In Washington D.C., in the exhibit hall of U.S. State Department, there's a new art exhibitthat paints foreign relations in a whole new light.
The subjects are orphan children from Thailand. The artists are high school students from New Hampshire.
The students painted the orphans from photos supplied by Ben Schumaker.
"To see the portraits at the State Department makes me feel honored to be a part of this," he said.
We first met Ben at the base of a volcano in Nicaragua. He had come to an orphanage with a suitcase full of portraits just like the ones on display on the State Department. Paintings that were never meant for anyone's eyes, except the children in them.
Ben got a high school art class in the States to do the portraits, because he thought they'd really appreciate them. And he was right.
Remember, these kids didn't have parents snapping baby pictures. Most don't even have a single photo, let alone a precious painting.
Ben calls this "The Memory Project." When we first met him he was running the project out of a spare bedroom at his parent's house - today it's his full time job.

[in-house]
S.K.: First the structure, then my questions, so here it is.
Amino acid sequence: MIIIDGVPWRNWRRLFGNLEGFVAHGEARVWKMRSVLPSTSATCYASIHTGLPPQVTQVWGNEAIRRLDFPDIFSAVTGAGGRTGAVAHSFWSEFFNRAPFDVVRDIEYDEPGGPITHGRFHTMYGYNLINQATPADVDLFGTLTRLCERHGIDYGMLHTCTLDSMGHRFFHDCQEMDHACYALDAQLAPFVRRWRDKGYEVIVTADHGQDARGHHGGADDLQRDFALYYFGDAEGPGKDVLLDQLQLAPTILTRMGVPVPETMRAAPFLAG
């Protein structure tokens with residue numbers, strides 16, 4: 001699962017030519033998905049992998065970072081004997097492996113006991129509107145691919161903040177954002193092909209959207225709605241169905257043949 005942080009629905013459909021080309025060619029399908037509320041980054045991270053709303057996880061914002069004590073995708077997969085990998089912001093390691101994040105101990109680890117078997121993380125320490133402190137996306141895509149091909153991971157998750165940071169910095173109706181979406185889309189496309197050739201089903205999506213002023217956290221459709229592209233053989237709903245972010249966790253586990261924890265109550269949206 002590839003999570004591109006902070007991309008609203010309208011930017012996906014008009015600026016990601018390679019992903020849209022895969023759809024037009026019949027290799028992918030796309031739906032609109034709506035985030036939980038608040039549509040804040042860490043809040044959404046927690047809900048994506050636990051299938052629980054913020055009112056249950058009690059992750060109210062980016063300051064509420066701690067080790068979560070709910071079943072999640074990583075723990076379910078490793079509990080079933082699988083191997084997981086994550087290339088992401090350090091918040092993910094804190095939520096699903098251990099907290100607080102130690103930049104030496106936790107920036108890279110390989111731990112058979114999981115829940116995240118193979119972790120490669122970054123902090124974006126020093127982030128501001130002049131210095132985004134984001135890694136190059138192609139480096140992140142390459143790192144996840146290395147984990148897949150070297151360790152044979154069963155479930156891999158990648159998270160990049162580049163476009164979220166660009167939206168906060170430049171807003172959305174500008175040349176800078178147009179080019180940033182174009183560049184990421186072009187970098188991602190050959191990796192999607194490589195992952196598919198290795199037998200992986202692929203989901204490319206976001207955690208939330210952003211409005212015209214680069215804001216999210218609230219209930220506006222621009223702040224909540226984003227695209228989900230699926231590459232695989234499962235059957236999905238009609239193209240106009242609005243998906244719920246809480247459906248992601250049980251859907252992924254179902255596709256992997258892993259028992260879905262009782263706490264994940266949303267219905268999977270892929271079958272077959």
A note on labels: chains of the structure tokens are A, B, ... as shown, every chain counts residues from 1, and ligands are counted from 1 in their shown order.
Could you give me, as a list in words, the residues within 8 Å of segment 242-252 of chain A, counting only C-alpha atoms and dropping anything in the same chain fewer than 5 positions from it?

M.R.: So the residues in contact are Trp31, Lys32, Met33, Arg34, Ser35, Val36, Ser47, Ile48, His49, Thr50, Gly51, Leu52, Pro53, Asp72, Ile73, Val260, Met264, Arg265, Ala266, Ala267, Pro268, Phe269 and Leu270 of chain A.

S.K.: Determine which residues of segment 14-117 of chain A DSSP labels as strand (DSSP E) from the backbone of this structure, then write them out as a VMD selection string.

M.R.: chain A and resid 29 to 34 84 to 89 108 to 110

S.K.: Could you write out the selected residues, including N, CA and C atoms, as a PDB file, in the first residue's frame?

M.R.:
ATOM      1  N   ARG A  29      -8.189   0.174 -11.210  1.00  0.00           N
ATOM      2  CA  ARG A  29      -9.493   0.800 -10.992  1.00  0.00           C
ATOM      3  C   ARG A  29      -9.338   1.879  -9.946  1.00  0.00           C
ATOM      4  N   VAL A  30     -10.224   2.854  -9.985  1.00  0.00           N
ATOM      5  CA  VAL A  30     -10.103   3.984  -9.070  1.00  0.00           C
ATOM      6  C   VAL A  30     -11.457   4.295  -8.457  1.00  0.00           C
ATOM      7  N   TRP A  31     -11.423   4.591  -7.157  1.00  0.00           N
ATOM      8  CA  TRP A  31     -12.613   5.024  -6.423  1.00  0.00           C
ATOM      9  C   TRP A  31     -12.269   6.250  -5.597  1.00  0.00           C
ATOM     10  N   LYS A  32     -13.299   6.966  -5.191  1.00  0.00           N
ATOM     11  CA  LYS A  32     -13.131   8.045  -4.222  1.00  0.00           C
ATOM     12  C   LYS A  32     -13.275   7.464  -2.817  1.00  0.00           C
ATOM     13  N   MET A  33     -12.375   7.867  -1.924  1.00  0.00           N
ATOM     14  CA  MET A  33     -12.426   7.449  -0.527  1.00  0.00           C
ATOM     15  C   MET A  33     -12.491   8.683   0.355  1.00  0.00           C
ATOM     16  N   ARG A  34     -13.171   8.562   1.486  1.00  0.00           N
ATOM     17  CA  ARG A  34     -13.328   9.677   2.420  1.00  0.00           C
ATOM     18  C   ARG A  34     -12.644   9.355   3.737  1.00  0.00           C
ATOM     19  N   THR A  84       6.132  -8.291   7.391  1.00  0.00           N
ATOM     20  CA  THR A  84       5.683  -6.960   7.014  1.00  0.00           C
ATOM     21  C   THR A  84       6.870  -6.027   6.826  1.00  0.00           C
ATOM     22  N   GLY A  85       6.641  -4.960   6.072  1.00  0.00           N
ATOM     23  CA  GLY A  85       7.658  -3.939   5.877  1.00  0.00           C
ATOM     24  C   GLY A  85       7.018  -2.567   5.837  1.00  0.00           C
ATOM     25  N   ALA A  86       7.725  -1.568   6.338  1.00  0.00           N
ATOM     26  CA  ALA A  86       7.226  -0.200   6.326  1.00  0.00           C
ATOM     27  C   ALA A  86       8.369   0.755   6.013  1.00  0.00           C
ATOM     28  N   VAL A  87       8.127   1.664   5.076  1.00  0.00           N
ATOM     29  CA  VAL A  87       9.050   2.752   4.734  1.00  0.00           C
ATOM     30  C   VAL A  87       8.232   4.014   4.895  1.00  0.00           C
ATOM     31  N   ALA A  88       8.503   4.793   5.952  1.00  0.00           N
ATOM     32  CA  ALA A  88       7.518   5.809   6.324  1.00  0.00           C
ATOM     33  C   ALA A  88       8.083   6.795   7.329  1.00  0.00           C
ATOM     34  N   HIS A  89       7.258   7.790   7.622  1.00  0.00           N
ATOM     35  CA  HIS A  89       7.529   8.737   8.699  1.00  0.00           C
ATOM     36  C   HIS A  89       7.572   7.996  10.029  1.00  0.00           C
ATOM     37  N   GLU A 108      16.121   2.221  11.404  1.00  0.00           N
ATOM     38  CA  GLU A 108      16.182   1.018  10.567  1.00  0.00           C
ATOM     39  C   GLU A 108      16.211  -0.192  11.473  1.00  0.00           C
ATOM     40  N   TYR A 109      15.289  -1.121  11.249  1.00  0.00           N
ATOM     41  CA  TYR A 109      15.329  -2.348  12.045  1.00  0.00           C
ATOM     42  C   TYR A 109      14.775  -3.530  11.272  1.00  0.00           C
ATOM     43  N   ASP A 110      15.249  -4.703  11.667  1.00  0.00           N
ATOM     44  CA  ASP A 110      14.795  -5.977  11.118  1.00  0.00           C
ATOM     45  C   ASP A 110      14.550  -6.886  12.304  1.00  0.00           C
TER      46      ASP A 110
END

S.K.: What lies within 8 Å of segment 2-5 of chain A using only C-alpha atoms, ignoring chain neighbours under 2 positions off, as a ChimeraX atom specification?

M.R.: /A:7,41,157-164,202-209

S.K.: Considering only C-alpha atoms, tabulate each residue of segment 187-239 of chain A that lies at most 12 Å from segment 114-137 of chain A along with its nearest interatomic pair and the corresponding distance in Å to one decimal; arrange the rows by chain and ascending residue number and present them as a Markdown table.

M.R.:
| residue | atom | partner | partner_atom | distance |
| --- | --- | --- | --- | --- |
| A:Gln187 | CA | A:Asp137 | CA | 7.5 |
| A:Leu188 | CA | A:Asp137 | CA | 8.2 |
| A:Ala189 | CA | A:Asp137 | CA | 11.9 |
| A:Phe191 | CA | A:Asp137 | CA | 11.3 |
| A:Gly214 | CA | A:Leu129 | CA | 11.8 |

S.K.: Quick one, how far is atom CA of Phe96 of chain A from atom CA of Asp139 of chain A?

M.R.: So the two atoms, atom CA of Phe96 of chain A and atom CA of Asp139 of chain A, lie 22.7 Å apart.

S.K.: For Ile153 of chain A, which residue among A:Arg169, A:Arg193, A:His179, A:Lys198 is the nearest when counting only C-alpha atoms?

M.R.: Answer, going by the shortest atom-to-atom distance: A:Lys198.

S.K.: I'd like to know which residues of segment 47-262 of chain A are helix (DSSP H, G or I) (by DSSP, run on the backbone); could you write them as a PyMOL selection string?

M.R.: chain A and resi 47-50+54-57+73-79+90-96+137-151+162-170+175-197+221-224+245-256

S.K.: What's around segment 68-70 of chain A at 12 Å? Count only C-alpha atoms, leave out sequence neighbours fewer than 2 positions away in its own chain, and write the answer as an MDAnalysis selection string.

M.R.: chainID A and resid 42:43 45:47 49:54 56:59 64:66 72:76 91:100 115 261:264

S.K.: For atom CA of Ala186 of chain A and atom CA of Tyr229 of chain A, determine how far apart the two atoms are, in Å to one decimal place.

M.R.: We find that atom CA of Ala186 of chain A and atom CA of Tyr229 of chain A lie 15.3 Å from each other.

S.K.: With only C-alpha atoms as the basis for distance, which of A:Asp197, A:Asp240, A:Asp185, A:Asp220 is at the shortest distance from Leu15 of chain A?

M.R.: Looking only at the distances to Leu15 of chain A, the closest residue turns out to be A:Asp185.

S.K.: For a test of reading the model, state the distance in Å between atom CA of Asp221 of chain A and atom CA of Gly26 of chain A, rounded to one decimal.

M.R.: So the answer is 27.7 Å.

"The project is much bigger and in many more countries than I could have ever imagined," Schumaker said.
After our story,Ben says art classes signed up in droves. As a result, he's now delivered about 25,000 portraits to orphans in 31 different countries around the world. It's not just those orphans who've benefited.
"Every day they come into the art classroom and there it is - looking right into the eyes - Bam." Schumaker said. "I really think that the artist comes to know them, and does form a connection - no doubt."
One student said the boy in the picture reminded her of her little brother. Another student said, "You can just tell by looking at their faces what
they've been through sometimes."
The students have learned compassion - to Ben, that's a word worth a thousand pictures.
Or 25,000 to be exact.
More about "The Memory Project"
The Memory Project Website
The Memory Project on CBS News